After initially building a small business SaaS product and subsequently licensing it to a larger company, we had finally settled into building the product that would ultimately be successful — a mid-market web content management system. Of course, at the time, we had no idea if it would be successful. What we did know was that robust website management applications were complex and there was no clear winner in the mid-market.
We spent one year building the application in a vacuum — a luxury made possible by the pre-paid royalties we were receiving. Steve Blank and his book Four Steps to the Epiphany argue for customer-driven development whereby you build the product after you have customers telling you what they want. Not knowing any better, we didn’t operate according to his model. However, we did have customers of our previous product and we knew some of the things they wanted. We also knew what functionality we wanted to manage our own site. I’m a big believer in eating your own dog food.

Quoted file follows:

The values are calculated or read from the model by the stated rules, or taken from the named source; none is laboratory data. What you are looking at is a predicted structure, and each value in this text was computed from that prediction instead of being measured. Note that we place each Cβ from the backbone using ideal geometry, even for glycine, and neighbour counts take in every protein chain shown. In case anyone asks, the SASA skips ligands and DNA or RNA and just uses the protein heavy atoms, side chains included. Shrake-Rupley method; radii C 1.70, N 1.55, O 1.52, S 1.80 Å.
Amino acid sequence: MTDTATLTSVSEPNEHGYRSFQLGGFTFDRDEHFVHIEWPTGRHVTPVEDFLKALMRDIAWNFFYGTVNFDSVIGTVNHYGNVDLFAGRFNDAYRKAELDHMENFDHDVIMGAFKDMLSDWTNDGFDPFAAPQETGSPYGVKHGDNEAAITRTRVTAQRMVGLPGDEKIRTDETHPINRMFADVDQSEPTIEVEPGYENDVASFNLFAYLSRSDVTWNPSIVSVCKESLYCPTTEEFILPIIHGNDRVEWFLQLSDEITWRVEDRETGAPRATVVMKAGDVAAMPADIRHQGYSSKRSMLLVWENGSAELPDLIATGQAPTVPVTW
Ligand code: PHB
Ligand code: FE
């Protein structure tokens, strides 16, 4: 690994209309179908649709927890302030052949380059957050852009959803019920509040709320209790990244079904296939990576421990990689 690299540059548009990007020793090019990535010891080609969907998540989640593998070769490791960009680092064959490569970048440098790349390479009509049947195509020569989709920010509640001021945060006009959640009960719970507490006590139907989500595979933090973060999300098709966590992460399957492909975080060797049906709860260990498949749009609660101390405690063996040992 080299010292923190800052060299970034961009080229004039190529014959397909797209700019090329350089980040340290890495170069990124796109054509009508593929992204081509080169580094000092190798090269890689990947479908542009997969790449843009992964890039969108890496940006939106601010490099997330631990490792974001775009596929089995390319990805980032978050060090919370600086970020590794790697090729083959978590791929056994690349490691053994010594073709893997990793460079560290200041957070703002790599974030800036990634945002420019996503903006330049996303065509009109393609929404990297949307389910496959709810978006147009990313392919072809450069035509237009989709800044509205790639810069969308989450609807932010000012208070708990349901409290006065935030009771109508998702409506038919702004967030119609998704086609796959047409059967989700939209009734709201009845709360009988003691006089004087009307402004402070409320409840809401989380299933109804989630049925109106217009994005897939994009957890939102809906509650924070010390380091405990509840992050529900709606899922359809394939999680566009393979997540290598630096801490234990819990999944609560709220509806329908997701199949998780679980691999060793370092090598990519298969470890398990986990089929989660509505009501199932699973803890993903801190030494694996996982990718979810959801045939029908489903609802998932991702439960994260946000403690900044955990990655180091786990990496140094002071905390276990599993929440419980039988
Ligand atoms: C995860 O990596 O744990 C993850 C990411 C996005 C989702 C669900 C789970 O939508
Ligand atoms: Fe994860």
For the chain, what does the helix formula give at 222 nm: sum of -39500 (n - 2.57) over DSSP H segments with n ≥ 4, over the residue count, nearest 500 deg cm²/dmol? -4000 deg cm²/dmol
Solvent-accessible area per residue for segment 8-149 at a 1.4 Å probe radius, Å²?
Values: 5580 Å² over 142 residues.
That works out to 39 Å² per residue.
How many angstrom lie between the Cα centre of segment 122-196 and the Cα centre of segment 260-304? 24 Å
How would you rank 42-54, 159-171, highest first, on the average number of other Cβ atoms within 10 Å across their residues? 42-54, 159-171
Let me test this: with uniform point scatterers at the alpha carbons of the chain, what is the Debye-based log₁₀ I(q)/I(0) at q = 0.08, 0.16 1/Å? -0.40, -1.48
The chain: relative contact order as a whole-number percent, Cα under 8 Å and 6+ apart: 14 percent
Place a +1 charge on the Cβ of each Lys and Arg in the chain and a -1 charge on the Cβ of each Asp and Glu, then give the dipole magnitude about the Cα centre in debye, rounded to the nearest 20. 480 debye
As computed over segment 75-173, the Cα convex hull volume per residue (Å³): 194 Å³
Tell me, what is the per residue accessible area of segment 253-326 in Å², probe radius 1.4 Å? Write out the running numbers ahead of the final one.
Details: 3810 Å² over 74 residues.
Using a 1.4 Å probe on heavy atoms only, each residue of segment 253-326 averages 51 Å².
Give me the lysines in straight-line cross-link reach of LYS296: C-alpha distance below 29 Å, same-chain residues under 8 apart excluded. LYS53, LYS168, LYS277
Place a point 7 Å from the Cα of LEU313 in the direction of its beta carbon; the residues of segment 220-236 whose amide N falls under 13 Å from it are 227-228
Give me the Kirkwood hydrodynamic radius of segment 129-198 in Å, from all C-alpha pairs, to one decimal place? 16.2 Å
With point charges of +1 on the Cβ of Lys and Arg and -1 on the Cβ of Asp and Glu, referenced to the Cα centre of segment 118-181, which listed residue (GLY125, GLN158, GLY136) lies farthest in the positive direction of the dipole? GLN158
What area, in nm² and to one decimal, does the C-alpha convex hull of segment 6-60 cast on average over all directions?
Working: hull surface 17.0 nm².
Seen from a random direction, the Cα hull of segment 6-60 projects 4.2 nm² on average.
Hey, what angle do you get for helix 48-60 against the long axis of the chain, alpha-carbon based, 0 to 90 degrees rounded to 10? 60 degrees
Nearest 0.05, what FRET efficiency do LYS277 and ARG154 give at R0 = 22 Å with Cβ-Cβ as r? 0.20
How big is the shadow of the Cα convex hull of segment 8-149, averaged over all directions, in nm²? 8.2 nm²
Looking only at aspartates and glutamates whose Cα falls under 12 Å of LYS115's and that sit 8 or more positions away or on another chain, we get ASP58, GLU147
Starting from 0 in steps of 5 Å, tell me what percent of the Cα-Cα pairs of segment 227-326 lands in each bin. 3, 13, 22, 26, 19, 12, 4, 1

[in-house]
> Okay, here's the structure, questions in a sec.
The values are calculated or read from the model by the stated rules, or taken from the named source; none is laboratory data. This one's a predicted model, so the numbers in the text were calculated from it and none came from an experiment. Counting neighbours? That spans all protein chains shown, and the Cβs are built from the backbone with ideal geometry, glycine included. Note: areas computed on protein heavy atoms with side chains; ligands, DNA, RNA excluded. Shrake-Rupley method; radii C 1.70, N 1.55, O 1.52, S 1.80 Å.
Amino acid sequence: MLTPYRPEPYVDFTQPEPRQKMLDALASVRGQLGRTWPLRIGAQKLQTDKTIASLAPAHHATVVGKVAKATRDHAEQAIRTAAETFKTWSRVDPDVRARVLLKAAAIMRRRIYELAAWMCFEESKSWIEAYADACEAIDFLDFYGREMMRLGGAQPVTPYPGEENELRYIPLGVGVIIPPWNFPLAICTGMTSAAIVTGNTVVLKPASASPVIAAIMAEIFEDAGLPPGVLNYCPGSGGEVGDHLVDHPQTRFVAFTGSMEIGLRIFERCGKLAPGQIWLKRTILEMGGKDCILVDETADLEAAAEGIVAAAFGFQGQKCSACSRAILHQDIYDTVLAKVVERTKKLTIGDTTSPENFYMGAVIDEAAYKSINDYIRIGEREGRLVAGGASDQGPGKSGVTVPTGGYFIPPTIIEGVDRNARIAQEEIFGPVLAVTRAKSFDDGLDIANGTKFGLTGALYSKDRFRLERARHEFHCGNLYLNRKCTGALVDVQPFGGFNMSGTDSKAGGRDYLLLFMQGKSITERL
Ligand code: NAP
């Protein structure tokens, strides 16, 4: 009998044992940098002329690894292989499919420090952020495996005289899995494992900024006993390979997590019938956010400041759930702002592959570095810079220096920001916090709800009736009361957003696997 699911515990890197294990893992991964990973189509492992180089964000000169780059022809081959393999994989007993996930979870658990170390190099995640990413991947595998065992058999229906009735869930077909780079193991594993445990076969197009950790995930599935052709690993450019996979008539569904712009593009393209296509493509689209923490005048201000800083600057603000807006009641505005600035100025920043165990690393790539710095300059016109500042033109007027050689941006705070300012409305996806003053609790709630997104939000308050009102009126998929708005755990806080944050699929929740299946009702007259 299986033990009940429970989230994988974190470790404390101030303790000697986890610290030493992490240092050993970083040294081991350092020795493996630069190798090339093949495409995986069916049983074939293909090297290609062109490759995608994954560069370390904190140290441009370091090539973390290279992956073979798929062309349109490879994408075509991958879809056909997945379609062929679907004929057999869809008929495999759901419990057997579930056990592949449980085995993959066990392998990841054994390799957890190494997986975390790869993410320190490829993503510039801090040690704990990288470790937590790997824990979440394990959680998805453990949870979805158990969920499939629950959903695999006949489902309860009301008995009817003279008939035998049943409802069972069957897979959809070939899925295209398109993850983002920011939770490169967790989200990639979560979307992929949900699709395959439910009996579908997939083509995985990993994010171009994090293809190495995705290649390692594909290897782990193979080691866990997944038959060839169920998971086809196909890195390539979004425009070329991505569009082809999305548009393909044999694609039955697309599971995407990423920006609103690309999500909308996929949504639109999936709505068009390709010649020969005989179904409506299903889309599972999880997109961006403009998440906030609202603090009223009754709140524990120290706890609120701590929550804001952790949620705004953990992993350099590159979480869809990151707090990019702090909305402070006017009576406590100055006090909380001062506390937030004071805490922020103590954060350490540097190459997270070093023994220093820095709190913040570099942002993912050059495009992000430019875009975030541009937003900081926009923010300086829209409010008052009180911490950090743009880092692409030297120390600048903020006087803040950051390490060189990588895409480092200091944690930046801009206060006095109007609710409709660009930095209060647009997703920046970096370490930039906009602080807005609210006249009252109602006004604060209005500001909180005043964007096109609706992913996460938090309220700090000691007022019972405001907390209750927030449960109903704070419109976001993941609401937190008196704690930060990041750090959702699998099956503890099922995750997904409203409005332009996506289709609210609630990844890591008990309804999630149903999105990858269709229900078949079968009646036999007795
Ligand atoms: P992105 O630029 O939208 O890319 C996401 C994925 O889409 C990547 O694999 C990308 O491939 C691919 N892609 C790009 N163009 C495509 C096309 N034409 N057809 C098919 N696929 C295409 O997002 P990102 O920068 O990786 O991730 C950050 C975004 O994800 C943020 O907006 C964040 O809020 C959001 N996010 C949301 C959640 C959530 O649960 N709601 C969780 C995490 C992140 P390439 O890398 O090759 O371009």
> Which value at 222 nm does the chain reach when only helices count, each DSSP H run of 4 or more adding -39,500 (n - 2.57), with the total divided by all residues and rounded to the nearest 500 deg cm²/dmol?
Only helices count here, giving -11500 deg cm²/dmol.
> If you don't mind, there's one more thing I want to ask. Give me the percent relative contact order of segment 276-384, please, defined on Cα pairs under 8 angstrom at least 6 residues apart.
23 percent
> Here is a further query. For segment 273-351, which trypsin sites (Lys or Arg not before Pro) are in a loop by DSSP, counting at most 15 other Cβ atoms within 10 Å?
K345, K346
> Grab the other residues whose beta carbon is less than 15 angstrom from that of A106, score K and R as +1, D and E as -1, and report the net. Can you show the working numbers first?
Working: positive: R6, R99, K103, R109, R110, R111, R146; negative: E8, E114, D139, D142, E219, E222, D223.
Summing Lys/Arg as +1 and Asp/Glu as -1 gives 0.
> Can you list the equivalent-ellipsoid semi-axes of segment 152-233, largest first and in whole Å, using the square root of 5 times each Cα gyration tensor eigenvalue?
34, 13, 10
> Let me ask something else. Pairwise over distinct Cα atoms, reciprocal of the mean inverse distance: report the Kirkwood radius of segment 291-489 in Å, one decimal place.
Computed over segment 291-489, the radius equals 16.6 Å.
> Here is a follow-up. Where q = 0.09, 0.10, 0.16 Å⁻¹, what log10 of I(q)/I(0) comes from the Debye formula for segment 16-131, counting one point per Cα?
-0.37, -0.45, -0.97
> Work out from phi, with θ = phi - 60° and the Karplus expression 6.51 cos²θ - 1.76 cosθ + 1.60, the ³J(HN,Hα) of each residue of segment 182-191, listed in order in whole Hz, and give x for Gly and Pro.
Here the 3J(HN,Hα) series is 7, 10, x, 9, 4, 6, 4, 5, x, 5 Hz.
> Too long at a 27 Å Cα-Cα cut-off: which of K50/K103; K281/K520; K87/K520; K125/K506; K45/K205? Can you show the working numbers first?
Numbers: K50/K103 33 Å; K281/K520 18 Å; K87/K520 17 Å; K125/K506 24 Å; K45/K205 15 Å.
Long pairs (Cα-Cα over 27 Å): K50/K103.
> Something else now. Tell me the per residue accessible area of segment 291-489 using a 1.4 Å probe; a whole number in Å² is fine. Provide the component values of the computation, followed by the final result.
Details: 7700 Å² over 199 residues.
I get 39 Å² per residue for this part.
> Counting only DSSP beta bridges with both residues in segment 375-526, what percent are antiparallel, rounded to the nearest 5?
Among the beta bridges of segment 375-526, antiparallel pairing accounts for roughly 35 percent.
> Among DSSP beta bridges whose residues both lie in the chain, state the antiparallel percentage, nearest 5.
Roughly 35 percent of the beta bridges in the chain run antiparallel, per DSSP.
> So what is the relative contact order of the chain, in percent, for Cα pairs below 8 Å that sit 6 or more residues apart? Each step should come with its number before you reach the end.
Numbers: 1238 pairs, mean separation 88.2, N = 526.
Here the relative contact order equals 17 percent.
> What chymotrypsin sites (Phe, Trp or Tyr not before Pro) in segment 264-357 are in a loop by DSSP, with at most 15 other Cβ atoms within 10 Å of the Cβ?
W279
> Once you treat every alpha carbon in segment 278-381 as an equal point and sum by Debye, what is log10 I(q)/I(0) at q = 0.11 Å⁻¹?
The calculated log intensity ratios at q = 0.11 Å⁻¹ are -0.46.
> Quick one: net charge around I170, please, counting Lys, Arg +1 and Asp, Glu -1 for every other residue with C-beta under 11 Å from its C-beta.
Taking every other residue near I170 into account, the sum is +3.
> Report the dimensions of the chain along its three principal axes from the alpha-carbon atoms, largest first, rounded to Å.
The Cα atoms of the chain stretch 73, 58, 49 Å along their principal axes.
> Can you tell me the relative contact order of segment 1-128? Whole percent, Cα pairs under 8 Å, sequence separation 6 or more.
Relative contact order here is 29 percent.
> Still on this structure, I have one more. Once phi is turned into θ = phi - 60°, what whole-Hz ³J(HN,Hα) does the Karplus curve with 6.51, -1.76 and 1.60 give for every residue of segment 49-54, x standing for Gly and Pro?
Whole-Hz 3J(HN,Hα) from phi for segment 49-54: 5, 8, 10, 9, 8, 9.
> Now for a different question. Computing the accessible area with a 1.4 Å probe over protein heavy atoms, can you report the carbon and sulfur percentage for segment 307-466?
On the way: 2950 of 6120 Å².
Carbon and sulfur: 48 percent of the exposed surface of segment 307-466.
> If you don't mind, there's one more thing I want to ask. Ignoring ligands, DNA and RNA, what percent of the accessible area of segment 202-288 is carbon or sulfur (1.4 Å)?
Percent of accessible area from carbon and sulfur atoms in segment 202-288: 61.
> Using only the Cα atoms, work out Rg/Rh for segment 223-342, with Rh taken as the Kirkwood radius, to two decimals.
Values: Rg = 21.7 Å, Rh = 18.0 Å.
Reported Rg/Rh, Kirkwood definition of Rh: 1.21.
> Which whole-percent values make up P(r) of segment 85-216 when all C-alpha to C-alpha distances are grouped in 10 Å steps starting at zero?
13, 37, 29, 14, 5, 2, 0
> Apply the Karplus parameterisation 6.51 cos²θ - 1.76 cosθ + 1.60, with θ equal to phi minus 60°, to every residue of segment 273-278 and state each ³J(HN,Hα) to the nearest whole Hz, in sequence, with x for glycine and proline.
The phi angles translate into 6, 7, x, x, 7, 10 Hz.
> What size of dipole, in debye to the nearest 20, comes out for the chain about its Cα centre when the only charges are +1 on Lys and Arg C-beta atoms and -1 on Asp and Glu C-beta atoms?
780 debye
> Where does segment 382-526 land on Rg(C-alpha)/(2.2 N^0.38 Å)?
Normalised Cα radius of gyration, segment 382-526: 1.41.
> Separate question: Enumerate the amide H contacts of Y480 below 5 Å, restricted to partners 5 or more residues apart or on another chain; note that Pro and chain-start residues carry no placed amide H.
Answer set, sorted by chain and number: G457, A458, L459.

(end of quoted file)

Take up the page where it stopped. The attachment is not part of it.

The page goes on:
We launched our new content management system on April 15, 2003 at the Internet World trade show in San Jose, CA and promptly won the Best of Show award. The outlook for the new product was bright. Unfortunately, a good product launch doesn’t always equal sales.
After working non-stop trying to sell the new application, we only managed to sell one license by the end of 2003. Now, selling one server license for $30,000 (the price for our new product) sure felt much better than selling many of the previous, smaller product. But selling only one over the course of six months was discouraging.
With version one of the product complete, an award under our belt, and our first full-price client (we had given several licenses away for free to get early users), the next major phase in the company was learning how to sell and market the product. Lead generation was the first area we focused on and continuously iterated. We tried these different tactics:
- Cold calling
- Channel development through partners
- Pay-per-click ads
Stay tuned for part four to learn what worked and what didn’t work.